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Earlier this month BP released its Statistical Review of World Energy 2019. The Review provides a comprehensive picture of supply and demand for major energy sources on a country-level basis. Each year, I do a series of articles covering the Review's findings.
In the first article of the series, I discussed the trends in global carbon dioxide emissions. Today, I want to cover the production and consumption of petroleum.
Two years ago, in response to numerous articles suggesting that the world was on the cusp of peak oil demand, I argued that Peak Oil Demand Is Millions Of Barrels Away. This marks the second Review since I made that argument, and the latest Review shows that global oil demand has grown by 3.1 million barrels per day (BPD) since that article published.
A New Consumption Record
For 2018, the Review reported that the world set a new oil consumption record of 99.8 million BPD, which is the ninth straight year global oil demand has increased. Oil demand in 2018 grew by 1.5%, ahead of the decade-long average of 1.2%. On the other hand, 2018 demand growth of 1.4 million BPD marked the third consecutive year oil demand growth has fallen.
The United States remains the world's top oil consumer, averaging 20.5 million BPD in 2018. China was second at 13.5 million BPD, although this would be far below the U.S. in per capita consumption. India was third at 5.2 million BPD. Both China and India have averaged oil consumption growth of at least 5% per year over the past decade.
Asia Pacific has been the world's fastest growing oil market over the past decade with 2.7% average annual growth. Africa and the Middle East aren't far behind that pace, although neither region experienced oil production growth in 2018.
U.S. Remains the Oil Production Champion
The Review also reported a new global oil production record in 2018 of 94.7 million BPD,1 an increase of 2.22 million BPD over the previous year.
The U.S. extended its lead as the world's top oil producer to a record 15.3 million BPD.2 In addition, the U.S. led all countries in increasing production over the previous year, with a gain of 2.18 million BPD (equal to 98% of the total of global additions).
Looking at a longer period, in 2008 global oil prices first exceeded $100/bbl. Since then, global oil production has increased by 11.6 million BPD. Over the same time span, U.S. oil production increased by 8.5 million BPD -- equal to 73.2% of the global increase in production. It's easy to imagine that without the U.S. shale oil boom, oil prices would have never dropped back below $100/bbl.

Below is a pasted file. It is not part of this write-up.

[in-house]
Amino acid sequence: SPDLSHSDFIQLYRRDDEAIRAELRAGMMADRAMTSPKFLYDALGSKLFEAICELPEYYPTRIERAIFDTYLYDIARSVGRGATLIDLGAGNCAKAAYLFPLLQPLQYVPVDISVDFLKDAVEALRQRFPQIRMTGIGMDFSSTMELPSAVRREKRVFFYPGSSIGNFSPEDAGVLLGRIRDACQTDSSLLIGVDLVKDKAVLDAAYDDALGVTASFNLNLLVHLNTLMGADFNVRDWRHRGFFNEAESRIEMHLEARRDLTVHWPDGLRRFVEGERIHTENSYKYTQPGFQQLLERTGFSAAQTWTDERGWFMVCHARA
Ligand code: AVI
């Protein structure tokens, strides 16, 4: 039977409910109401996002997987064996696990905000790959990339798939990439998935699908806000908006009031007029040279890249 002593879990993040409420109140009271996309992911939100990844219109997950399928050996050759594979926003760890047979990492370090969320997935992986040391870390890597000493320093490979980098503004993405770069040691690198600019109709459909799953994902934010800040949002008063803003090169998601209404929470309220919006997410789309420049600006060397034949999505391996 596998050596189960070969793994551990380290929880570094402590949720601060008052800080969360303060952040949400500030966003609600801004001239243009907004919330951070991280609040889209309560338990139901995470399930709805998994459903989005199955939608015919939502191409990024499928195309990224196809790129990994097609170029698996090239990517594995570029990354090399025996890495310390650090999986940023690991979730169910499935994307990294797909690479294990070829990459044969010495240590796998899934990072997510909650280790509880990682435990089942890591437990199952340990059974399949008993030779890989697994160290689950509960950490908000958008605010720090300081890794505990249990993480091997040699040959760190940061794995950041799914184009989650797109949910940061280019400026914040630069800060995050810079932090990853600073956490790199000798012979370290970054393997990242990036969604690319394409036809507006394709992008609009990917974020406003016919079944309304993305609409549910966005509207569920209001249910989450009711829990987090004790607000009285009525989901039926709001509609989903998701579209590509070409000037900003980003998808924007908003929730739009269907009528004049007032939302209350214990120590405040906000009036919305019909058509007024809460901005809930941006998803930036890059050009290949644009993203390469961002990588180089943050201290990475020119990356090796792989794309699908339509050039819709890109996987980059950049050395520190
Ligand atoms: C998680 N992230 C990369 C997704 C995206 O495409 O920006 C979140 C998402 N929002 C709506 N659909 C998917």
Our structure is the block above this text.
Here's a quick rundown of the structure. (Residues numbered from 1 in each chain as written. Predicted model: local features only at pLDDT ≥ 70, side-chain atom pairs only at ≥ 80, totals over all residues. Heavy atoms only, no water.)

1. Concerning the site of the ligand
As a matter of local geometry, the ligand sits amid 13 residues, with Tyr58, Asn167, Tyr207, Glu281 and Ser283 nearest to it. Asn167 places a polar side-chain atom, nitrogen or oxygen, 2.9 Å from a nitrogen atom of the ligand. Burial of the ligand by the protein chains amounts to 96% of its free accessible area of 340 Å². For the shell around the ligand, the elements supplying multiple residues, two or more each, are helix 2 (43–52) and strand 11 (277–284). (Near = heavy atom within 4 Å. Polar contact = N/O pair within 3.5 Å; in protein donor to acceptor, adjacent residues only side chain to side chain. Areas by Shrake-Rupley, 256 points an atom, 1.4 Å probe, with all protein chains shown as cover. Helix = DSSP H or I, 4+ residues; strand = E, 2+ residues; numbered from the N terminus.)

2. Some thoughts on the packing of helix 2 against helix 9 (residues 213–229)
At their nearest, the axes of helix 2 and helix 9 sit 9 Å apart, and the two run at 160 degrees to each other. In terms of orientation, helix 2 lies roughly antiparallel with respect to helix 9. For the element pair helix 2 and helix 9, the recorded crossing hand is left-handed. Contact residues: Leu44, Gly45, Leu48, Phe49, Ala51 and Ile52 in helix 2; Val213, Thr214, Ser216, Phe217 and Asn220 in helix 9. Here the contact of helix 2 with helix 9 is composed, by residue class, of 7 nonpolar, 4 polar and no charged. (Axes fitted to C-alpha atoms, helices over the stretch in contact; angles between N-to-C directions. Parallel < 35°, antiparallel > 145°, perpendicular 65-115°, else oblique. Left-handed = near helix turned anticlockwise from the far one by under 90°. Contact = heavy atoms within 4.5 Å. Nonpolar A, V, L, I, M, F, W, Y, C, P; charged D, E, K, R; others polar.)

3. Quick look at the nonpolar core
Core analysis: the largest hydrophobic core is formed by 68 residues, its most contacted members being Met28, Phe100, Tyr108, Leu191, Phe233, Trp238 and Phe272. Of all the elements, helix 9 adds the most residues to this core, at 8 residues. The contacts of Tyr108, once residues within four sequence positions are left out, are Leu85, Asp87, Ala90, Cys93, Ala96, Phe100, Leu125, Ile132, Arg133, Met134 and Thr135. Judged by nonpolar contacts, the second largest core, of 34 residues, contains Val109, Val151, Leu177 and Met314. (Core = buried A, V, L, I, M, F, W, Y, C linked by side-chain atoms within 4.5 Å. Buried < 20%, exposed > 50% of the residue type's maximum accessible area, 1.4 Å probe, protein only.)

Saudi Arabia was the second-leading producer at 12.3 million BPD, while Russia came in third at 11.4 million BPD. Canada added the second-most production in the world, with a 410,000 BPD gain over 2017. This was just ahead of Saudi Arabia's 395,000 BPD increase.
These gains helped offset declines from Venezuela (-582,000 BPD), Iran (-308,000 BPD), Mexico (-156,000 BPD), Angola (-143,000 BPD), and Norway (-119,000 BPD).
This year, for the first time, the Review reported the contribution to overall oil production by natural gas liquids (NGLs). U.S. NGL production is by far the highest of any country at 4.3 million BPD (a byproduct of the shale gas boom). That's more than the entire Middle East, and accounts for 37.6% of total global NGL production.
When NGLs are subtracted from overall oil production, U.S. production declines to 11.0 million BPD. This places the U.S. just behind Russia (11.2 million BPD) and just ahead of Saudi Arabia (10.5 million BPD).
The Review reports that global proved oil reserves increased by 0.1% to 1.73 trillion barrels. However, within this number Venezuela continues to report proved reserves of just over 300 billion barrels, which is primarily extra heavy crude in the Orinoco Belt. While there is indeed a huge resource of oil in that region, I am skeptical that there are 300 billion barrels that can be profitably extracted at current oil prices. In other words, I doubt that Venezuela's proved reserves are still 300 billion barrels.
1. According to BP, the differences between world consumption figures and world production statistics are accounted for by stock changes, consumption of non-petroleum additives and substitute fuels, and unavoidable disparities in the definition, measurement or conversion of oil supply and demand data.
2. BP's definition of "oil" includes natural gas liquids (NGLs), which have surged in the U.S. along with natural gas production. This is the primary reason BP's oil production number is higher than numbers reported by the Energy Information Administration.